MANITOULIN ISLAND FISHING ONTARIO CANADA
Manitoulin Island, fishing in the heart of Ontarios Rainbow Country Canada
Fishing Manitoulin Island in Ontario. All of the information you need to start fishing - some of the best fresh water fishing anywhere in the world! From salmon, northern pike, to walleye, smallmouth bass and speckled trout - in lakes, rivers, or streams on Manitoulin Island in Ontario
Manitoulin Island Fishing Mindemoya Lake Treasure Island
Fish other areas of Manitoulin Island - Mindemoya Lake Treasure Island
Lake Mindemoya, Manitoulin's third largest lake, is a popular resort area, with lakefront cottages, trailer parks and motel units. At the peak of the season, the lake is dotted with fishermen after the pickerel, whitefish, bass, northern pike and jumbo perch - for which the Ketchankookem Trail along the shore is named. Mindemoya Lake is truly unique for it sports a large hilly island, Treasure Island, just slightly south of its centre. Treasure Island gives the lake and village their name; Mindemoya, the Old Woman.
Postcard From Manitoulin Island: Enchantment for children
By Susan Griffith
Published: 24 February 2007
"In the middle of a continent is a great lake. In that lake is a huge island, and in that island is a lake, and in that lake is Treasure Island..."
Not a children's story but a real place in Ontario that retains the wonders of childhood: a place where the stars twinkle more brightly, the deer emerge from the forest at twilight and the abundant fish are enchanted princes (that one's a fib).
This place is reached by giant canoe, that being the translation of the Ojibway word Chi-Cheemaun - and the name of the car ferry that connects the mainland nearly two hours away. A place of prelapsarian innocence, where no one locks their doors and you can drive the 160 km length of the island without coming across a single McDonald's.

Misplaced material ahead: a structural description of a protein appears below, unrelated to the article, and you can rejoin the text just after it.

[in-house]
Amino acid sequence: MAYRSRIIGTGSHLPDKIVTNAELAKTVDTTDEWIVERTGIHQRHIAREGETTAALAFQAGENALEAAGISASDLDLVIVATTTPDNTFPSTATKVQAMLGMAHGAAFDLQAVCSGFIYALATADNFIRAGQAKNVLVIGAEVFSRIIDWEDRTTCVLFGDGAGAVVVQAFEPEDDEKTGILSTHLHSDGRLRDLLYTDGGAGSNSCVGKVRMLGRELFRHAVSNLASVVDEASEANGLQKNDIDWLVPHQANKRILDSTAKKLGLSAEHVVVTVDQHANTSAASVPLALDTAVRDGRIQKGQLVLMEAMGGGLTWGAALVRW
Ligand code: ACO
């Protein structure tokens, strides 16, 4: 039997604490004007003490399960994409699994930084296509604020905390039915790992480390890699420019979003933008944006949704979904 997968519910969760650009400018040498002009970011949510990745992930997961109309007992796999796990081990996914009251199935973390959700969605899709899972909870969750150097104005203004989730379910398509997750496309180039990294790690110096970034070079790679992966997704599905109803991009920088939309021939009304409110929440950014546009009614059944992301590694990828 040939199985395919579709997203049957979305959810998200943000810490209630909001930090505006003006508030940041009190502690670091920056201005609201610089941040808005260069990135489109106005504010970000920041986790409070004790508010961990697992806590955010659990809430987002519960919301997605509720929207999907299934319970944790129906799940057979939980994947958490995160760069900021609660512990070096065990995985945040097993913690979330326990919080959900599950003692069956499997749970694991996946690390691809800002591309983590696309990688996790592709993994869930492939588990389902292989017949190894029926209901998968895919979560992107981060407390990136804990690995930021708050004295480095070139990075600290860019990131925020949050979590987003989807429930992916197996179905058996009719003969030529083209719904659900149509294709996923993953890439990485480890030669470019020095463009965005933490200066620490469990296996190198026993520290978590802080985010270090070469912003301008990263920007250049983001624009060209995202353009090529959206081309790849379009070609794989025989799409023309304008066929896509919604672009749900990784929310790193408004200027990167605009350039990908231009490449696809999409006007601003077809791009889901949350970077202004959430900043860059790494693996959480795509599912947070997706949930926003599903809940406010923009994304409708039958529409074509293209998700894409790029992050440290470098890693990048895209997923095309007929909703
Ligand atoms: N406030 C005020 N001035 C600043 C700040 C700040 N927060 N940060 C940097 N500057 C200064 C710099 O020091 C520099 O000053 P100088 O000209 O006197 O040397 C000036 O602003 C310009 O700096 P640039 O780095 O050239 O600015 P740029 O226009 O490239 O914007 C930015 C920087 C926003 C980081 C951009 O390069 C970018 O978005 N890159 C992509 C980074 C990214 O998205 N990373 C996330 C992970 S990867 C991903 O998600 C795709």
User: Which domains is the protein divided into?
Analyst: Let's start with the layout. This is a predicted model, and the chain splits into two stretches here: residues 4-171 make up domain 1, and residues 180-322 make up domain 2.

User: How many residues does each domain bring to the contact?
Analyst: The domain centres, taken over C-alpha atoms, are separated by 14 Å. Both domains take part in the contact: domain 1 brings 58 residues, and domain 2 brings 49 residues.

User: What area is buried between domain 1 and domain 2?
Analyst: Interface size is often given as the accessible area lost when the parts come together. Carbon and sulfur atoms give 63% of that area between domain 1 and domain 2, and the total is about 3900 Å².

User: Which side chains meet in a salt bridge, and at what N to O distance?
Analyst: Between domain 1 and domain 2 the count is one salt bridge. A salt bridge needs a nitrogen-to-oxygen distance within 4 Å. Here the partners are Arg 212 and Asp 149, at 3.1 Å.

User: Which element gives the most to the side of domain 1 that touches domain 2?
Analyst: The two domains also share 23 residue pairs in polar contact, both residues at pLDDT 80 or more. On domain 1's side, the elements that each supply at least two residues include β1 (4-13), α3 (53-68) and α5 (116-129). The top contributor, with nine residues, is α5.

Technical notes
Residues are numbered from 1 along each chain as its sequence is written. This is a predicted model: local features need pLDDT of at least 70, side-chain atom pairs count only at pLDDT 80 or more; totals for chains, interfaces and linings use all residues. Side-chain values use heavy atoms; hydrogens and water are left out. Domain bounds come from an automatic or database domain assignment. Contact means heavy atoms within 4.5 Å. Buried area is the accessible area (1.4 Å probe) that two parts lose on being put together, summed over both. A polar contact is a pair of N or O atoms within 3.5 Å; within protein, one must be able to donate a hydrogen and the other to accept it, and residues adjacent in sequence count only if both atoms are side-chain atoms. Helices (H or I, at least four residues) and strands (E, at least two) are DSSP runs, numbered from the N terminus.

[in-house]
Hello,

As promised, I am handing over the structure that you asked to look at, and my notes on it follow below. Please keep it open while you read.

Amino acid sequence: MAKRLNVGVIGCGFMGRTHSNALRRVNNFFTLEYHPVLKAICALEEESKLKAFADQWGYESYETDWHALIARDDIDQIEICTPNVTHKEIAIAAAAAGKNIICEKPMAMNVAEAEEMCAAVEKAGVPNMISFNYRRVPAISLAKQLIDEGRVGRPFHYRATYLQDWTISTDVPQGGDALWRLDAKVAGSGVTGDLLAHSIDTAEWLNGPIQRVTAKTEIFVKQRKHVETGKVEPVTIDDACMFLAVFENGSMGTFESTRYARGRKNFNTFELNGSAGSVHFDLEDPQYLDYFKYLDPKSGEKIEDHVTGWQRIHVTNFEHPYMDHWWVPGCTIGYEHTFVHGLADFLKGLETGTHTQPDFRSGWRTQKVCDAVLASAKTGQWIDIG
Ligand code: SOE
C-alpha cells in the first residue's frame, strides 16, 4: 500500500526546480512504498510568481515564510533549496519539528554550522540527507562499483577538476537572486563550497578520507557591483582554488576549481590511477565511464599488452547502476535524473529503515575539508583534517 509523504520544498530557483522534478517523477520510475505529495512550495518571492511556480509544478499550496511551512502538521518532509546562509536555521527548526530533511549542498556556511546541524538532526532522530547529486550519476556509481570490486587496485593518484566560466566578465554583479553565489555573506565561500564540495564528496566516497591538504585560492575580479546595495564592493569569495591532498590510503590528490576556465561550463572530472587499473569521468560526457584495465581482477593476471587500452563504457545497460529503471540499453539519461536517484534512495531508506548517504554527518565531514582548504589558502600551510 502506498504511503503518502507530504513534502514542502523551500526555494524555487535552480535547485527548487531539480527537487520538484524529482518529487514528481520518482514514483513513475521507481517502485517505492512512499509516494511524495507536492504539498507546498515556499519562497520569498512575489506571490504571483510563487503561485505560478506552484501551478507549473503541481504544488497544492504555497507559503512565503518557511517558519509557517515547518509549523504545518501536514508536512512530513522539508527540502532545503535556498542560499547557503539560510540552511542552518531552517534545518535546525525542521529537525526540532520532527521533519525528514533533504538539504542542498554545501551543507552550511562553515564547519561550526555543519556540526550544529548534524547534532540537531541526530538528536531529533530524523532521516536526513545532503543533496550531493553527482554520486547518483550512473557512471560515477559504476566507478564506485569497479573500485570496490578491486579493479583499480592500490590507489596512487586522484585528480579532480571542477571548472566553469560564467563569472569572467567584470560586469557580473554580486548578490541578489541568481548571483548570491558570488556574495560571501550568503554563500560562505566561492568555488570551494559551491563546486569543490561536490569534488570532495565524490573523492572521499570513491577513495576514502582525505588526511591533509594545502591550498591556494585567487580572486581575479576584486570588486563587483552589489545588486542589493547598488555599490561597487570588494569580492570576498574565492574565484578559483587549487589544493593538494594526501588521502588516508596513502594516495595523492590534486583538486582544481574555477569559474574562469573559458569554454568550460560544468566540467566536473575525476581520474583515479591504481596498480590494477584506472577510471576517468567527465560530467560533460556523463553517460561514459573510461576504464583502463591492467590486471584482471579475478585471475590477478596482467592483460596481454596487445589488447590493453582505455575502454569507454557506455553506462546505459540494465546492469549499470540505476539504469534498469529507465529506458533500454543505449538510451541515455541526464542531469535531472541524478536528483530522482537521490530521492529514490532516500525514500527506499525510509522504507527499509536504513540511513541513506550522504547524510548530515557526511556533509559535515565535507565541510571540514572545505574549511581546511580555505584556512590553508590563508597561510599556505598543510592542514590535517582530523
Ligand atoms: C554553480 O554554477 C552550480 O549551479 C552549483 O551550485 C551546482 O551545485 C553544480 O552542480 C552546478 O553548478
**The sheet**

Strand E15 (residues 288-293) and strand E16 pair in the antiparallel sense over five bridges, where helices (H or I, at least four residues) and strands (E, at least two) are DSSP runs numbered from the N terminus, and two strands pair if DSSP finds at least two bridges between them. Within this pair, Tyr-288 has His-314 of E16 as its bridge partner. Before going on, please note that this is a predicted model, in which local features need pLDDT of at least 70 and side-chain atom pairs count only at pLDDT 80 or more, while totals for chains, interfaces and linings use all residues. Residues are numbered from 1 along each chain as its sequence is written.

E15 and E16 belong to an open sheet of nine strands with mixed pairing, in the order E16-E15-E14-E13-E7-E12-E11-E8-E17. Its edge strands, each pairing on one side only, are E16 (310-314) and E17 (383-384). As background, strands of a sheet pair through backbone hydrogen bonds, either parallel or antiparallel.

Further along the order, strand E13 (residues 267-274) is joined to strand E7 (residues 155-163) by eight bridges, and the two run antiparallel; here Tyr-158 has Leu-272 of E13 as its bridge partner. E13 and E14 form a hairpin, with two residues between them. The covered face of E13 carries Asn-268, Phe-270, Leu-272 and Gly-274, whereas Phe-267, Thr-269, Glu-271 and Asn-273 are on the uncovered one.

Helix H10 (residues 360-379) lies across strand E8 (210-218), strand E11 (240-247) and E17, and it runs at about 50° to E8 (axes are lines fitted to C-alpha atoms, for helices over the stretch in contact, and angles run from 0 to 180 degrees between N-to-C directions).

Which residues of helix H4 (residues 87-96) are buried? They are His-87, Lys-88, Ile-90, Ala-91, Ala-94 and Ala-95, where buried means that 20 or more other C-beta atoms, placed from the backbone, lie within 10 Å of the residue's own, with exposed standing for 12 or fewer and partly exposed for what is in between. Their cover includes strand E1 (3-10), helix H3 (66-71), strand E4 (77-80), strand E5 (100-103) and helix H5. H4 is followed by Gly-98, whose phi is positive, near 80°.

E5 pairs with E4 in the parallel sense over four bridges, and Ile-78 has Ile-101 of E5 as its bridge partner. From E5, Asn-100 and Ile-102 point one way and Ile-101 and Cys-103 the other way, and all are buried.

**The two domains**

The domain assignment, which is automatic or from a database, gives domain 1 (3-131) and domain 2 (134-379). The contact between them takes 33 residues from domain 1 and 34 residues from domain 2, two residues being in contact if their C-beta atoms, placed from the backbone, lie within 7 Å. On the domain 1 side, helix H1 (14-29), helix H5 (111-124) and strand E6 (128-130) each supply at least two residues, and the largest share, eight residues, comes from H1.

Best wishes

In the vacations of my misguided youth, I was not impressed by the fact that Manitoulin Island is the world's largest island in a freshwater lake. The isle in Lake Huron was Hicksville, Ontario: full of cousins who greased their hair and considered a Farquhar's Dairy ice cream (still made on the island) a major treat. Yet all the while those family holidays were creating a childhood idyll that is just as accessible now. Today visiting children mess around in boats. They can learn to do a back dive off the end of a dock and body-surf at the pristine, dune-backed Carter's Bay beach. And since no children's story is complete without baddies, they still fear poison ivy (a three-leafed plant that can impart a vicious itching rash) and bloodsuckers (harmless water leeches).
People born and raised on the island have acquired the nickname "haweater", after the edible native berry. Haweaters don't go in for the have-a-nice-day brand of communication. More a nod and a crooked smile. But if you need directions, the islander will become garrulous: "Just carry on past the Thompsons' homestead and when you see the old Boyd place, take a left on the gravel road." If you lose your way, it doesn't really matter. The deserted roads edged with Queen Anne's lace, chicory and fringed gentian are always a delight to explore.
Sheguiandah, Sheshegwaning: the place names hint at the past of the First Nations people who inhabit them. Indeed, the island is one of the best places in Canada to encounter indigenous culture. Powwows take place in the summer, culminating in the Wikwemikong Competition Powwow in August when bands gather together to demonstrate their dancing and drumming.
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